Filomena E. C. de Alencar , 1 , Rosely dos Santos Malafronte 2 , Crispim Cerutti Junior 1 , Lícia Natal Fernandes 2 , Julyana Cerqueira Buery 1 , Blima Fux 1 , Helder Ricas Rezende 3 , Ana Maria Ribeiro de Castro Duarte 4 , Antonio Ralph Medeiros-Sousa 5 , Angelica Espinosa Miranda 1
14 March 2018
The hypotheses put forward to explain the malaria transmission cycle in extra-Amazonian Brazil, an area of very low malaria incidence, are based on either a zoonotic scenario involving simian malaria, or a scenario in which asymptomatic carriers play an important role.
To determine the incidence of asymptomatic infection by detecting Plasmodium spp. DNA and its role in residual malaria transmission in a non-Amazonian region of Brazil.
Upon the report of the first malaria case in 2010 in the Atlantic Forest region of the state of Espírito Santo, inhabitants within a 2 km radius were invited to participate in a follow-up study. After providing signed informed consent forms, inhabitants filled out a questionnaire and gave blood samples for PCR, and thick and thin smears. Follow-up visits were performed every 3 months over a 21 month period, when new samples were collected and information was updated.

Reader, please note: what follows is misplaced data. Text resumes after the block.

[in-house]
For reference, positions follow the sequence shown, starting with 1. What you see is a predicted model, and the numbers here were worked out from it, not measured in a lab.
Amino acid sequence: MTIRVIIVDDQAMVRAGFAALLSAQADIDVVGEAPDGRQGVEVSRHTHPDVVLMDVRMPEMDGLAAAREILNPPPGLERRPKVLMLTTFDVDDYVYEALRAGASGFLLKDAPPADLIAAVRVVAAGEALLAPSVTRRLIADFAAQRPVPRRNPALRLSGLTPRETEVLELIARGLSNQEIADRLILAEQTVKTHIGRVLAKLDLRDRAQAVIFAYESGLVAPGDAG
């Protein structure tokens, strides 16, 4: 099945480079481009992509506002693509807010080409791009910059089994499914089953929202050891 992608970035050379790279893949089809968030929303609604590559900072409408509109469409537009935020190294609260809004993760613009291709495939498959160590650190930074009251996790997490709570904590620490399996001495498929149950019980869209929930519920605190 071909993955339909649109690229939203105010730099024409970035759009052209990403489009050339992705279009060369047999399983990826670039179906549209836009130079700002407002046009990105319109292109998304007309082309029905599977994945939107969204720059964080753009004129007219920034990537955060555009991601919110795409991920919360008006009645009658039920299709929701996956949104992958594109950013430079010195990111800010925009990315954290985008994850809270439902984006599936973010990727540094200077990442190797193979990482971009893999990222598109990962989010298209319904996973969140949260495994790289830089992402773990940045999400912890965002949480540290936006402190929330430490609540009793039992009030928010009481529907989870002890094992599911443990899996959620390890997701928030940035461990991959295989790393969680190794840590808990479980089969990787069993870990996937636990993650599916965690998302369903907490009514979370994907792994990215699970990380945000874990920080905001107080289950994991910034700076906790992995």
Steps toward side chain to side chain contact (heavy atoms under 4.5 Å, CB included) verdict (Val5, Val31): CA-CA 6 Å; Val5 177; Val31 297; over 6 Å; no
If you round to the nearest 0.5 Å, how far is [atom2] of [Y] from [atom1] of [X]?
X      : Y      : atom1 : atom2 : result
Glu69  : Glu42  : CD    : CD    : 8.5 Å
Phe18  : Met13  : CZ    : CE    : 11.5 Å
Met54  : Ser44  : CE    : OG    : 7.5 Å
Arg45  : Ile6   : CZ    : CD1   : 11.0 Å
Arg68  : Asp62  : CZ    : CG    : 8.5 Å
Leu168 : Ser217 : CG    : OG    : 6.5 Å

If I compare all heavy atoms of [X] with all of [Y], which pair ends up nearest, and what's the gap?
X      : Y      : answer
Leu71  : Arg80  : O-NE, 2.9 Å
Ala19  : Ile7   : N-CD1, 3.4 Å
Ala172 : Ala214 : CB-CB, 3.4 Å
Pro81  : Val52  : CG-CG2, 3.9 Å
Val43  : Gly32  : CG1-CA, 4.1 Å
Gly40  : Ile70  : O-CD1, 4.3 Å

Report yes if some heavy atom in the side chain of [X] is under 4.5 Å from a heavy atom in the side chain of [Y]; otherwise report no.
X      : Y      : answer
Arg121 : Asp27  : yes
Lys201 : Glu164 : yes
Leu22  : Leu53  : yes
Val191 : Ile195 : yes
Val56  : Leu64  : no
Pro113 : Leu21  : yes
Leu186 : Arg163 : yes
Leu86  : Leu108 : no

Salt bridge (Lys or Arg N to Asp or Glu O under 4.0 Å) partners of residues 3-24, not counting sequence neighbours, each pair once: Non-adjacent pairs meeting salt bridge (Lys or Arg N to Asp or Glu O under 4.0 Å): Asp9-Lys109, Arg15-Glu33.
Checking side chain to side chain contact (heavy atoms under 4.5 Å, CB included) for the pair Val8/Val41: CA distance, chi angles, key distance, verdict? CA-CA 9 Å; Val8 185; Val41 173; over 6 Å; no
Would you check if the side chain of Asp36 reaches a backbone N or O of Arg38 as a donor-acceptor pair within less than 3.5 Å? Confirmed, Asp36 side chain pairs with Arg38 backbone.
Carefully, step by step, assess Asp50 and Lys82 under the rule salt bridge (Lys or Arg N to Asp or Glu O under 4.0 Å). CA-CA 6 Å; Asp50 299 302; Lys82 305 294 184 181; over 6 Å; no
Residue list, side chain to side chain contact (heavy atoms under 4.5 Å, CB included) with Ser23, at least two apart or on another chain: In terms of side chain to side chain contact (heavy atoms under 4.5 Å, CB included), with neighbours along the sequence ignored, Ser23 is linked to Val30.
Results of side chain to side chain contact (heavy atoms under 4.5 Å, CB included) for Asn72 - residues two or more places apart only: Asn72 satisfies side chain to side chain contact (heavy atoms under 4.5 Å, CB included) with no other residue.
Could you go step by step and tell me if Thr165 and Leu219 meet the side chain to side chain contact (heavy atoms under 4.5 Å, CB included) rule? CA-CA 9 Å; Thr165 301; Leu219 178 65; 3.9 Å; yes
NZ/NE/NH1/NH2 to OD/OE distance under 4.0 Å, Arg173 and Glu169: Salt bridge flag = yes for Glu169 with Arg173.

Ninety-two individuals were initially included for follow-up. At the first collection, all of them were clearly asymptomatic. One individual was positive for Plasmodium vivax, one for Plasmodium malariae and one for both P. vivax and P. malariae, corresponding to a prevalence of 3.4% (2.3% for each species). During follow-up, four new PCR-positive cases (two for each species) were recorded, corresponding to an incidence of 2.5 infections per 100 person-years or 1.25 infections per 100 person-years for each species. A mathematical transmission model was applied, using a low frequency of human carriers and the vector density in the region, and calculated based on previous studies in the same locality whose results were subjected to a linear regression. This analysis suggests that the transmission chain is unlikely to be based solely on human carriers, regardless of whether they are symptomatic or not.
The low incidence of cases and the low frequency of asymptomatic malaria carriers investigated make it unlikely that the transmission chain in the region is based solely on human hosts, as cases are isolated one from another by hundreds of kilometers and frequently by long periods of time, reinforcing instead the hypothesis of zoonotic transmission.